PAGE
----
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Herpes Simplex

Herpes simplex, caused by herpes simplex viruses (HSV), is a prevalent and persistent viral infection affecting humans. The viruse belong to the Herpesviridae family and are divided into two types: HSV-1 and HSV-2. They are enveloped, double-stranded DNA viruses known for their ability to establish latent infections in sensory ganglia.

HSV infections are widespread, with HSV-1 primarily associated with oral lesions (cold sores) and HSV-2 with genital herpes. Both types can cause oral and genital infections. Global prevalence varies, with millions of new cases annually.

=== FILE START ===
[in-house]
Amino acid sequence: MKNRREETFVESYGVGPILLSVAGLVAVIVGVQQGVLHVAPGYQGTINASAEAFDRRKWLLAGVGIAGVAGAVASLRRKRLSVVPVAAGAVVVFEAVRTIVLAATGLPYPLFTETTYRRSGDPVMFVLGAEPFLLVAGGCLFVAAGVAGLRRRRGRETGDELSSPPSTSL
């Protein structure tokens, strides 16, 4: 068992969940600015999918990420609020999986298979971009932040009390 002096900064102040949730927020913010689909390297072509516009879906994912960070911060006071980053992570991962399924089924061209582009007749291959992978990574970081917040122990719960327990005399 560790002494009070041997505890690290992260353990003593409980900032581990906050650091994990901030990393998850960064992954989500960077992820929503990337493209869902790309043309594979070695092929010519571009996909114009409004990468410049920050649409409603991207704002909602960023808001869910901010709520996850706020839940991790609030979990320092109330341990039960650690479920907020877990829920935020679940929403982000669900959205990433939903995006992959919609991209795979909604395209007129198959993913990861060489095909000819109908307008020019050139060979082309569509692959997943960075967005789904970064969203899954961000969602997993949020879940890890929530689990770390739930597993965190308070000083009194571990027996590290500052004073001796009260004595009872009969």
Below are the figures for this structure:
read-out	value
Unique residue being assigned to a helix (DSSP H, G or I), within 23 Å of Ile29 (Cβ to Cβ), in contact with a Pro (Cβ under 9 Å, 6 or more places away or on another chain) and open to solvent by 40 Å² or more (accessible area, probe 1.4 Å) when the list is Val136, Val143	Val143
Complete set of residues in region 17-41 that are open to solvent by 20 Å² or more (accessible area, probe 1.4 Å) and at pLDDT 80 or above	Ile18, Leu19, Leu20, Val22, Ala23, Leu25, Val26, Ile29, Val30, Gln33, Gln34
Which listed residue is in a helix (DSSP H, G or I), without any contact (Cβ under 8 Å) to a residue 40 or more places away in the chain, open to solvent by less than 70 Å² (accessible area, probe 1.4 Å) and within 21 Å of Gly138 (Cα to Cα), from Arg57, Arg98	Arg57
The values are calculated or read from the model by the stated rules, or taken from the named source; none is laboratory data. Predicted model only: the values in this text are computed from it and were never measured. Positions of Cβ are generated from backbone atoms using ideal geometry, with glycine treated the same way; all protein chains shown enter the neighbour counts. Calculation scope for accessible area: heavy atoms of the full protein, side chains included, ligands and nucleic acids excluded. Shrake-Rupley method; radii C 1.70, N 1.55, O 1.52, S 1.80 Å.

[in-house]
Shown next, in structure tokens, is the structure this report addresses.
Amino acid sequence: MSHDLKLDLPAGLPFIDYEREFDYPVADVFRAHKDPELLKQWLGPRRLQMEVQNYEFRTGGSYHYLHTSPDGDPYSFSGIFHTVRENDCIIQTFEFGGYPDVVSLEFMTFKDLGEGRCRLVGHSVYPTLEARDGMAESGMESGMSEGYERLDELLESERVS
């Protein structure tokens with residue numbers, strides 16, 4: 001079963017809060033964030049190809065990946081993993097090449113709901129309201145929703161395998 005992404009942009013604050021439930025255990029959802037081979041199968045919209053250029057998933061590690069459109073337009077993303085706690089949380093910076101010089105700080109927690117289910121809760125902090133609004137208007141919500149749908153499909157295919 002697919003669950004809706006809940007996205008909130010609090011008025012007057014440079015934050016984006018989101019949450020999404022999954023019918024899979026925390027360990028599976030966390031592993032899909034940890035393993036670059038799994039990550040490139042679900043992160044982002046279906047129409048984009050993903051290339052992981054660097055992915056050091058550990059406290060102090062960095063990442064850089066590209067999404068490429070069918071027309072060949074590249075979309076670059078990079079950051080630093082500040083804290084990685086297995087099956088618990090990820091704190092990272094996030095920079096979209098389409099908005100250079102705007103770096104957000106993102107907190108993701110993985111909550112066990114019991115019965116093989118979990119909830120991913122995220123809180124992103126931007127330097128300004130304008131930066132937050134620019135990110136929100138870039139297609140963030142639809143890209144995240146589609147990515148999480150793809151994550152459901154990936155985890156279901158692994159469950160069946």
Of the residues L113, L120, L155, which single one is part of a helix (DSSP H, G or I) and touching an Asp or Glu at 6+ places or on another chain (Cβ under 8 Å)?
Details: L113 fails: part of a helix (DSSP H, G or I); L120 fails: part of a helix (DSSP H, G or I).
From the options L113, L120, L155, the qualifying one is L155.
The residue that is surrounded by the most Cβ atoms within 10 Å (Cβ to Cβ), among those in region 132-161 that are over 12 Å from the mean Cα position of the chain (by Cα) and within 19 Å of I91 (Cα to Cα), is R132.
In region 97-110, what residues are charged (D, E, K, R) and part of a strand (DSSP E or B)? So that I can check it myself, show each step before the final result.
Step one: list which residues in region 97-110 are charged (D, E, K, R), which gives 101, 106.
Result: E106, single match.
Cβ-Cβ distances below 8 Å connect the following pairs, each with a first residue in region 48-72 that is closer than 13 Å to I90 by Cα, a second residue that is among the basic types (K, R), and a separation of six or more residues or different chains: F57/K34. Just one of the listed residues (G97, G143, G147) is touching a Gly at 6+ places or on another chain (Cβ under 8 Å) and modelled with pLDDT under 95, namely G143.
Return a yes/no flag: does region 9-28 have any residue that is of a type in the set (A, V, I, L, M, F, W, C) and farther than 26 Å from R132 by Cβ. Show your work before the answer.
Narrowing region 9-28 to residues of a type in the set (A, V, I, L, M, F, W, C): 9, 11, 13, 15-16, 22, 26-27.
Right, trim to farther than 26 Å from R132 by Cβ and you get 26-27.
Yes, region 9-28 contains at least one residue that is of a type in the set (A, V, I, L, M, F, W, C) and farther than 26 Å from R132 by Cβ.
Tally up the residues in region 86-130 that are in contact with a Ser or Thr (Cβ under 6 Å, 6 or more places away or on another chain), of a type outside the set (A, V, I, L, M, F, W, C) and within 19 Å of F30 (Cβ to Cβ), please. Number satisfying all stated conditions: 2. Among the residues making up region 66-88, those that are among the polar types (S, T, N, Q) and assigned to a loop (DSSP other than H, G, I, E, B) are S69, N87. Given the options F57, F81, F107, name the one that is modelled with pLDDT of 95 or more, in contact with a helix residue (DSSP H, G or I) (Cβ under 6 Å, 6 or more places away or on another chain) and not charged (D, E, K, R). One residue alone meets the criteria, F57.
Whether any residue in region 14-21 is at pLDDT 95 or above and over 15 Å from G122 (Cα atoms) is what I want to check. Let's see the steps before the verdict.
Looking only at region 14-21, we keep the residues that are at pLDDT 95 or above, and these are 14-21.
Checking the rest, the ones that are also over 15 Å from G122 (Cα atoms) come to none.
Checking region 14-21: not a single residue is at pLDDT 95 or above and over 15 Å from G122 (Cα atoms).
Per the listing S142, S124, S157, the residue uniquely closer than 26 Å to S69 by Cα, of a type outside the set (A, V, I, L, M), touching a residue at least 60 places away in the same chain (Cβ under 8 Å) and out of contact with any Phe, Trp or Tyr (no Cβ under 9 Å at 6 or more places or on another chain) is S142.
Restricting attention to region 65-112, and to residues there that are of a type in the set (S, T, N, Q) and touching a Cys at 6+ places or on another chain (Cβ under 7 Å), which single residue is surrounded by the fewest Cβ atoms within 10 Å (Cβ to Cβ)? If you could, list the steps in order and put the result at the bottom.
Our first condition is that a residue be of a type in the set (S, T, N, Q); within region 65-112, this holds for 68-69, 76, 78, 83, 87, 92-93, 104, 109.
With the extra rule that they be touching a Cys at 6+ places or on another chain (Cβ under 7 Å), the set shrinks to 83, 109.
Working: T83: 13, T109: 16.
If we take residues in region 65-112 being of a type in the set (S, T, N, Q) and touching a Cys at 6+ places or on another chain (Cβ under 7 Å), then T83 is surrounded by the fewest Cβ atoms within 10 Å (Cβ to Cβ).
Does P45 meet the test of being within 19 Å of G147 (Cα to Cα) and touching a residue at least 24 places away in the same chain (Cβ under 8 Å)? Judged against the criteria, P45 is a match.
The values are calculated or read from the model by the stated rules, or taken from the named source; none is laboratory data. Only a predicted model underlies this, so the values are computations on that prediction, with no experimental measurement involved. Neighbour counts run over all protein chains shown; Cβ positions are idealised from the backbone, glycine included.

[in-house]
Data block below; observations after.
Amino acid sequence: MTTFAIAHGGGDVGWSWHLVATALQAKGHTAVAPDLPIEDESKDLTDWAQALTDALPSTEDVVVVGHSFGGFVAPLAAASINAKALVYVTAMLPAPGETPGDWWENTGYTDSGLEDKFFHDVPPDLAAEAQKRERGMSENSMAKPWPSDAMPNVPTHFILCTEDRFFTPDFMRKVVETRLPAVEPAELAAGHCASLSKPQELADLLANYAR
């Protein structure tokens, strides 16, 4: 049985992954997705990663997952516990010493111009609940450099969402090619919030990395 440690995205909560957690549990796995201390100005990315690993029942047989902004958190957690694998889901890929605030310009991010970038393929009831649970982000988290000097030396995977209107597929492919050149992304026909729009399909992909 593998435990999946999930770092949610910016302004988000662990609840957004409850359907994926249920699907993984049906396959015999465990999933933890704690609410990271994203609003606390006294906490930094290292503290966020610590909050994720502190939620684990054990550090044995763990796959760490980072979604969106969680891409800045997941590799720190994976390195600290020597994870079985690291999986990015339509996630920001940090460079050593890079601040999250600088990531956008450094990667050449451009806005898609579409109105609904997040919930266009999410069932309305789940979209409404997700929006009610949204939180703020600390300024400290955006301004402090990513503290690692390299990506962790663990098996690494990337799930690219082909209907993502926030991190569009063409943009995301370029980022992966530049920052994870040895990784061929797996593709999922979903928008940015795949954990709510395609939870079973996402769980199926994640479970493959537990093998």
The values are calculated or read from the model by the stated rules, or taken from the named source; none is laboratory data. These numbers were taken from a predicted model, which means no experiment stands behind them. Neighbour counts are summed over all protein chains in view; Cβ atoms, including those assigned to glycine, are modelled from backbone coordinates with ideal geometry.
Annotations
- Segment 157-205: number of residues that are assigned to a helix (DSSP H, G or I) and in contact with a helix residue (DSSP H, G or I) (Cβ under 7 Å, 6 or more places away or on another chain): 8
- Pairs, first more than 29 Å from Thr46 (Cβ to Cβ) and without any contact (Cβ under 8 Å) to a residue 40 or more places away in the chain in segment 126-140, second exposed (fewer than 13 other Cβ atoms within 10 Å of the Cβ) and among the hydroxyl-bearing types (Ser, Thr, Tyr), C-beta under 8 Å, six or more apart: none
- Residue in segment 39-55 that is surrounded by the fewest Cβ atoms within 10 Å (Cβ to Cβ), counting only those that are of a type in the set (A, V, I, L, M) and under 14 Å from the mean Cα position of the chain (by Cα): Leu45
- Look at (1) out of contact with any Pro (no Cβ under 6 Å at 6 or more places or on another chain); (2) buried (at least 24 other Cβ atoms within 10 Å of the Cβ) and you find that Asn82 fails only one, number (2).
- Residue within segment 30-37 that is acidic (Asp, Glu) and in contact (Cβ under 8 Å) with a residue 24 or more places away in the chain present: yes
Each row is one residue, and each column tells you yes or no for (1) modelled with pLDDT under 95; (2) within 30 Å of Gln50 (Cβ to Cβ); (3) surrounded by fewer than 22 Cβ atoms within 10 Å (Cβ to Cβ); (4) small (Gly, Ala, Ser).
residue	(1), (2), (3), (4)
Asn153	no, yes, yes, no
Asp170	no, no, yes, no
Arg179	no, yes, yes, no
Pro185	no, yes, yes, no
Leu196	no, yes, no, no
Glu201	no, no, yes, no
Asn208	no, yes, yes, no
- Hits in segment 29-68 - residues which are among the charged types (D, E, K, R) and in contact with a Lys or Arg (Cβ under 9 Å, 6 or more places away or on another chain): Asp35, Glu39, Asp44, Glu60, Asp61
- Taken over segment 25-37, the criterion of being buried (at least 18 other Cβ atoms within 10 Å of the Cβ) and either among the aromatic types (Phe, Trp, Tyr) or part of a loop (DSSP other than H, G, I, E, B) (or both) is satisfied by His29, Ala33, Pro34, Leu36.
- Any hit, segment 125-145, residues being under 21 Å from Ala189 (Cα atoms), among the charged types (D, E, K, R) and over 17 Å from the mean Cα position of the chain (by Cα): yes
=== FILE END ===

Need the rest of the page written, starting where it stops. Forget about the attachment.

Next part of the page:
Herpes simplex viruses initially infect epithelial cells through mucosal or skin contact. They then enter sensory nerve endings, travel along sensory neurons, and establish latency in ganglia. Reactivation from latency can lead to recurrent episodes of symptomatic or asymptomatic shedding and transmission.

Diagnosis typically involves viral culture, direct fluorescent antibody (DFA) testing, or polymerase chain reaction (PCR) to detect viral DNA in clinical samples. Serological tests can identify antibodies against HSV but are less useful for diagnosing acute infections.